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GREEK EDUCATION                         3

more indirect influence of Judaism, whether exercised through
the educational ideas of the Old Testament or through the
Christian view of individual and social life, needed to be trans-
muted into Greek forms before making itself felt among the
forces which have determined the character of European educa-
tion. It is therefore with ancient Greece that our survey of
educational history must begin.


During the last five or six centuries of the second millenium
before our era various tribes of Aryan stock poured down from
Central Europe into Greece in successive waves of invasion.
Some, like the Norsemen of a later day, seem to have come
sailing along the coast and to have established themselves in
small bands in such centres as Mycenae and Troy, The ascend-
ancy of these adventurers was probably achieved by comparatively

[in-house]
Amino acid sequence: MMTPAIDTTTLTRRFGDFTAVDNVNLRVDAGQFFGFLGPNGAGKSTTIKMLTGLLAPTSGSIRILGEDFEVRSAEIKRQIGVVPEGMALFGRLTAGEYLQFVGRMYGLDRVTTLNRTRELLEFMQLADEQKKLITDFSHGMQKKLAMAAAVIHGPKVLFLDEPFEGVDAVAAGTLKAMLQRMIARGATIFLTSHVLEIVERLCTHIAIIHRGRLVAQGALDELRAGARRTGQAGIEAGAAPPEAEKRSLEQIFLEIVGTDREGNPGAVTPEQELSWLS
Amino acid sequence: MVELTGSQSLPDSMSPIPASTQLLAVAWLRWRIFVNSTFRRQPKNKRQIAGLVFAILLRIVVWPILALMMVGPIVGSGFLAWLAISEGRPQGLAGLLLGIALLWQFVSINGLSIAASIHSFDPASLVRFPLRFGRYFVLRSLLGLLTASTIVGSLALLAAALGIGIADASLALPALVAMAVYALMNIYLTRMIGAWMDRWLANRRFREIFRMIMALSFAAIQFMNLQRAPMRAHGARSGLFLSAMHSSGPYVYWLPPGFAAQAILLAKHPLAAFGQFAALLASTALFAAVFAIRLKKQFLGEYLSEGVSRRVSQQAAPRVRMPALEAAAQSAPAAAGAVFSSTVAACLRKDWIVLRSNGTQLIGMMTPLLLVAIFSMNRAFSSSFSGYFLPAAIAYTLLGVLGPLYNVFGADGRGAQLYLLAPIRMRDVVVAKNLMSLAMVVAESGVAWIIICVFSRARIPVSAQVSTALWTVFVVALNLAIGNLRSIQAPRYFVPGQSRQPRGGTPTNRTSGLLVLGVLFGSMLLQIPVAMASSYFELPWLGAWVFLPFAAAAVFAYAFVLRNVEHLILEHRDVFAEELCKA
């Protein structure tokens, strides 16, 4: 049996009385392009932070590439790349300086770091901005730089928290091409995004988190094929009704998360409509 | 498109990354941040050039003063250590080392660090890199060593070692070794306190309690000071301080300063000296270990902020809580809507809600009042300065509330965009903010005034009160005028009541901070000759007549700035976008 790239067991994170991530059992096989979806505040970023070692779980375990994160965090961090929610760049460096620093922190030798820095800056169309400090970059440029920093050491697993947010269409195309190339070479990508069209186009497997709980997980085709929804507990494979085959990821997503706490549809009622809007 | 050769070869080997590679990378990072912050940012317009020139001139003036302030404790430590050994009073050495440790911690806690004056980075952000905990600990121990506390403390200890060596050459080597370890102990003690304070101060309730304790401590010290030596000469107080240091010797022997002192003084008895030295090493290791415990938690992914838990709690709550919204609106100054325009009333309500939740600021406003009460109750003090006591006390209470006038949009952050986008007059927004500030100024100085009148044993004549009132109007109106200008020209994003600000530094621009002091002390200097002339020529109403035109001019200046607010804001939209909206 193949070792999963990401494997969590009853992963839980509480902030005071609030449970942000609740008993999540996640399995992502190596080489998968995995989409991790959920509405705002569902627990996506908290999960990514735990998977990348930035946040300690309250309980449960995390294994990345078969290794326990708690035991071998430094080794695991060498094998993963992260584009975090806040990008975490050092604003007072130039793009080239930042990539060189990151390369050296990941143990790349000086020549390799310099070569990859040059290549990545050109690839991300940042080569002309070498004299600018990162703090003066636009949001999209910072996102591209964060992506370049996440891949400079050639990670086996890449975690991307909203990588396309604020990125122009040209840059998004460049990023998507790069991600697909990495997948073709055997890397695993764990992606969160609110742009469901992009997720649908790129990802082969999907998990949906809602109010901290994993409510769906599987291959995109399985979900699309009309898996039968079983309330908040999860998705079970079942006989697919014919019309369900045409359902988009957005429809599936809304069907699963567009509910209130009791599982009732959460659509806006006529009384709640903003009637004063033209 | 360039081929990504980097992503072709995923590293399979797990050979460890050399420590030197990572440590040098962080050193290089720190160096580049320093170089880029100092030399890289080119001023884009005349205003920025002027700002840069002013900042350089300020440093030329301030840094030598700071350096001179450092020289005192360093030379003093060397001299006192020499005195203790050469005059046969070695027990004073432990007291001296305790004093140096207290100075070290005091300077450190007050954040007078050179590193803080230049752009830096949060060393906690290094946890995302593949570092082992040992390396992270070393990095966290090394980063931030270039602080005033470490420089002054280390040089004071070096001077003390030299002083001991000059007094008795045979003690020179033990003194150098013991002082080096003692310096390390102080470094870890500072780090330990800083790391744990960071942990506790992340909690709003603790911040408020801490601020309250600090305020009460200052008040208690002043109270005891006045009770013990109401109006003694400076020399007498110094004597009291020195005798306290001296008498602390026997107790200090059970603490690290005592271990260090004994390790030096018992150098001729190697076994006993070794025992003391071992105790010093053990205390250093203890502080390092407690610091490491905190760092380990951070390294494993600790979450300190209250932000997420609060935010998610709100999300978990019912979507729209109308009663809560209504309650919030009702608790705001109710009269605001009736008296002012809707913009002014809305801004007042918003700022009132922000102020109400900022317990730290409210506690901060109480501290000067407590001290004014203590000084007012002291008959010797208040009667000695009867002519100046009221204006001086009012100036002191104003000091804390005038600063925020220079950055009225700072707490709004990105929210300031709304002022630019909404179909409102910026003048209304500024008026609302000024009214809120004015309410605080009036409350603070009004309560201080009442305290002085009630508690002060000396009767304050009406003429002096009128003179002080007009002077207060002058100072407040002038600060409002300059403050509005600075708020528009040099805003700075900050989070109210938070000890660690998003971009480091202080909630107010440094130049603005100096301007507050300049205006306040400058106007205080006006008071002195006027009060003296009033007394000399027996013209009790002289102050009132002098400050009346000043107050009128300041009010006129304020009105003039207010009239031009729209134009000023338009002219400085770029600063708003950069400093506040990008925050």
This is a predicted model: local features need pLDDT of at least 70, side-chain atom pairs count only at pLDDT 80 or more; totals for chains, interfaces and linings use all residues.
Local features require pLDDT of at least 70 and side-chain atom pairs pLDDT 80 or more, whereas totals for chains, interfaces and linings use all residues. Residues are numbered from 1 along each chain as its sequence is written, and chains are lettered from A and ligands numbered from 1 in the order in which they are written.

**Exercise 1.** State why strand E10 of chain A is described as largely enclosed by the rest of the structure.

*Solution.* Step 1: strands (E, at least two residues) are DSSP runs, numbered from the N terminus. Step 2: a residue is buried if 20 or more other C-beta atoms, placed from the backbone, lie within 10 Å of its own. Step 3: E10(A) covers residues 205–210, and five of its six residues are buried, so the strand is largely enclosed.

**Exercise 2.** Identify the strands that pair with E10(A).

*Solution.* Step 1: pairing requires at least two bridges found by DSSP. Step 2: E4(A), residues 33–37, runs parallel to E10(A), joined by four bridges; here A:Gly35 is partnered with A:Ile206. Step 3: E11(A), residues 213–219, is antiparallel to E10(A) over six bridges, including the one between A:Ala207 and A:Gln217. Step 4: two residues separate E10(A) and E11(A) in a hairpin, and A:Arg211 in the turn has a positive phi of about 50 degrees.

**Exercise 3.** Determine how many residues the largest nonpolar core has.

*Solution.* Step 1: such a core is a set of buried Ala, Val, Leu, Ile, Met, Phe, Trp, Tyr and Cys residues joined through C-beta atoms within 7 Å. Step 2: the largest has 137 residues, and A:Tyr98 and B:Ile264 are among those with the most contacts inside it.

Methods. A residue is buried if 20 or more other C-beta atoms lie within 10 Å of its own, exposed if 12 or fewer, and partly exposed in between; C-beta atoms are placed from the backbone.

peaceful methods, and resulted in their partial assimilation by the
people over whom they gained authority. The main bodies,
coming overland in greater numbers and retaining more com-
pletely their original tribal organization, made a more thorough
conquest, and succeeded in imposing not only their rule but their
language on the country. Even in the latter case, however, the
previous inhabitants were not wholly driven out or exterminated,
In those districts of Greece farthest removed from the source of
invasion, like Attica, they continued to form the majority of the
population, while in other districts, like Laconia, they were
sufficiently numerous to be able to retain a condition of semi-
independence outside the cities of their conquerors* But their
civilisation, which was similar in character to that of the rest of
the JEgean lands, and notably to that of Crete, gradually went
down before the repeated onsets of the invading hosts, only
leaving enough of its culture behind to make easier the rise of the
new civilisation that was to come from the fusion of northern and
southern races*

The barbarian invasions came to an end with the immigration
of the Dorians in the course of the Eleventh Century before
Christ, Then followed three centuries which have not inaptly
been called the Dark Ages of Greece, Little is known about
them* But by the end of them great changes had taken place*